BusinessPundit’s Guide to Infographics

An infographic is n graphic with minimal text designed to provide easy-to-understand information about a specific topic. Infographics need to be engaging and simple, providing specific information that viewers want. With careful planning, you can create an infographic on a business or marketing topic that’s well-received.

Clarify the Purpose

Determine the specific purpose of the infographic before creating it. The purpose might be to educate readers on a subject or present new research about a topic.

  • The purpose of an infographic often determines its overall success.
  • Know what you want your readers to do after they view your infographic.

Define the Audience

Determine the target audience of the infographic before creating it. Know the social status, gender, and interests of the target audience.

  • Defining the audience enables you to home in on the best tone and style for the infographic.
  • The audience determines the best colors and writing style.

Gather Information

Compile information to include in the infographic carefully. Be ready to consult with an expert if necessary.

  • Determine the essential information for the infographic, and focus on these details.
  • Add citations if you use outside sources.

Sketch Potential Designs

Take time to sketch potential designs to find the best one. Build your design around the information you want to include.

  • Infographics might have a timeline format.
  • Infographics can also feature numbered or bulleted lists.
  • If you have multiple sections, define them clearly.

Create a Wireframe

After determining the best format and layout, work on the wireframe. A wireframe is a black-and-white mock-up of the infographic with the dimensions you will use.

  • Distribute the text over the infographic design next, deciding on the sizing and distance between all elements.
  • Leave negative space between text sections and elements to enhance readability.

Select Colors

Your color scheme is as crucial as the information itself. Colors have a direct correlation with how viewers will perceive the information.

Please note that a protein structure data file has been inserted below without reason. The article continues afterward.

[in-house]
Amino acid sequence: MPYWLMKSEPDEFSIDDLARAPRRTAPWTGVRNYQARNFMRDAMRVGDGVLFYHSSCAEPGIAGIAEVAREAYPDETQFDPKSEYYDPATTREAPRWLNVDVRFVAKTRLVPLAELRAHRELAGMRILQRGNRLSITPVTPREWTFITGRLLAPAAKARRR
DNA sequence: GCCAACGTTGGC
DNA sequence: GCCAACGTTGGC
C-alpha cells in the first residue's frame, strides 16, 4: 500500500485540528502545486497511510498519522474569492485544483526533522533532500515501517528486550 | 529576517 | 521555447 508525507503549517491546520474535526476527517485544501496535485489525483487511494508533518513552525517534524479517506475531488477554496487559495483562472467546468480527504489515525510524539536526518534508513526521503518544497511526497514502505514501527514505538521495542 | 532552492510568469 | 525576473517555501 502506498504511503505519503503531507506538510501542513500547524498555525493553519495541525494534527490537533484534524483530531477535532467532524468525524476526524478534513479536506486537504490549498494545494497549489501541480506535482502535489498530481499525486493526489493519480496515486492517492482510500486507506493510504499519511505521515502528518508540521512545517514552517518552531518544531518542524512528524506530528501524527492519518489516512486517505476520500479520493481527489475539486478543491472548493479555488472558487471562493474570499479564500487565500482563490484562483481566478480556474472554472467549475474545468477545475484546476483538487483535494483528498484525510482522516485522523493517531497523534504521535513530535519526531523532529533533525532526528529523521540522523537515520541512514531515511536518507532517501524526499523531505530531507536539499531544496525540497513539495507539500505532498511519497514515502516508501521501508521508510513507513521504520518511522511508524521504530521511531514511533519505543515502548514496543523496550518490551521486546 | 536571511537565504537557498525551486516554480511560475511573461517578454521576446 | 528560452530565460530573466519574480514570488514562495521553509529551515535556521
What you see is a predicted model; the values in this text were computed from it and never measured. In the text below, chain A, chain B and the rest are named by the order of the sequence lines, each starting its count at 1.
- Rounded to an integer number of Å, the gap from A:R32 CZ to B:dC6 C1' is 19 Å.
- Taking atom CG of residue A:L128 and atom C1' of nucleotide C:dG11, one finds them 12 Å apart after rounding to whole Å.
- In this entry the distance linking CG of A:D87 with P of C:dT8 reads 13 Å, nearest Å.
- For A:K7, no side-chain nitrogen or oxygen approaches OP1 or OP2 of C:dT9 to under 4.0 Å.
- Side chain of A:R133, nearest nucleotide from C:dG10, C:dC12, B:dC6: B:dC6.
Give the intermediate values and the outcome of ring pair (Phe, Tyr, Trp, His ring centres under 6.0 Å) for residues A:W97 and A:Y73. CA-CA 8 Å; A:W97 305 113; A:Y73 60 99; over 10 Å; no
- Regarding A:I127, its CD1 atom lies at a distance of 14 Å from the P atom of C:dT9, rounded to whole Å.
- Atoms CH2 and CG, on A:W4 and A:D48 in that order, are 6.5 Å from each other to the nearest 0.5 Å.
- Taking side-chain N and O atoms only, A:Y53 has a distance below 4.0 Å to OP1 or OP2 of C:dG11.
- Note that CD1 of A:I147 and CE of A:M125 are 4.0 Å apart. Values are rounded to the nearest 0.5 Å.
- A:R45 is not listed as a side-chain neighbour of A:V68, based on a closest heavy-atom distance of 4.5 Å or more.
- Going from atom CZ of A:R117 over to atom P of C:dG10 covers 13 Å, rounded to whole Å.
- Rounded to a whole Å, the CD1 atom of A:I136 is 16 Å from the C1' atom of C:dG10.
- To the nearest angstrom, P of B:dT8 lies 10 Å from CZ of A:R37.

• Colors can evoke different emotions in viewers.
  • Consider using a brand’s colors in an infographic if it’s connected with a business.

Consider Graphs and Charts

Present numbers and statistics with graphs and charts. These elements make it easy for viewers to take in the information.

  • Use bar charts or line graphs for comparing numbers over time.
  • Use pie charts to show proportions.
  • Use bubble charts to visualize three types of data at once.

Select Fonts

Fonts have a direct impact on readability. Don’t choose overly fancy fonts; they can be distracting.

  • If you want to use a weird or fancy font, use it for the title only.
  • Combine up to three different fonts in the infographic, as long as they complement each other.
  • Choose font colors that contrast with the background colors.
  • Choose a font size that makes it easy to scan the infographic.

Use Images to Illustrate Ideas

Images in an infographic enable you to use fewer words. Consider images to be a powerful communication tool.

  • Icons are simple drawings that accent bullet points and paragraphs.
  • Illustrations help infographics feel unique and appealing.
  • Photos can be an effective addition, either for backgrounds or as design elements.

Test and Revise

After finishing an infographic, test it with a few different color schemes and layouts. Keep the key information the same while testing the look of your graphic.

  • Try looking at the mock-ups from a slight distance with your eyes partially closed to determine which elements you notice first.

Additional Resources

Written by Ryan Hammill

Ryan Hammill is the Business Pundit Editor for Entrepreneurship and for Policy. He is also COO of Syndicate Media Group, LLC, a digital media agency and start-up accelerator in Eugene, OR. He writes on topics including public policy, SEO, education, and religion. His writing has appeared in a variety of places, including Aleteia, The Federalist, and Sojourners. You can follow him on Twitter via @HammillRyan.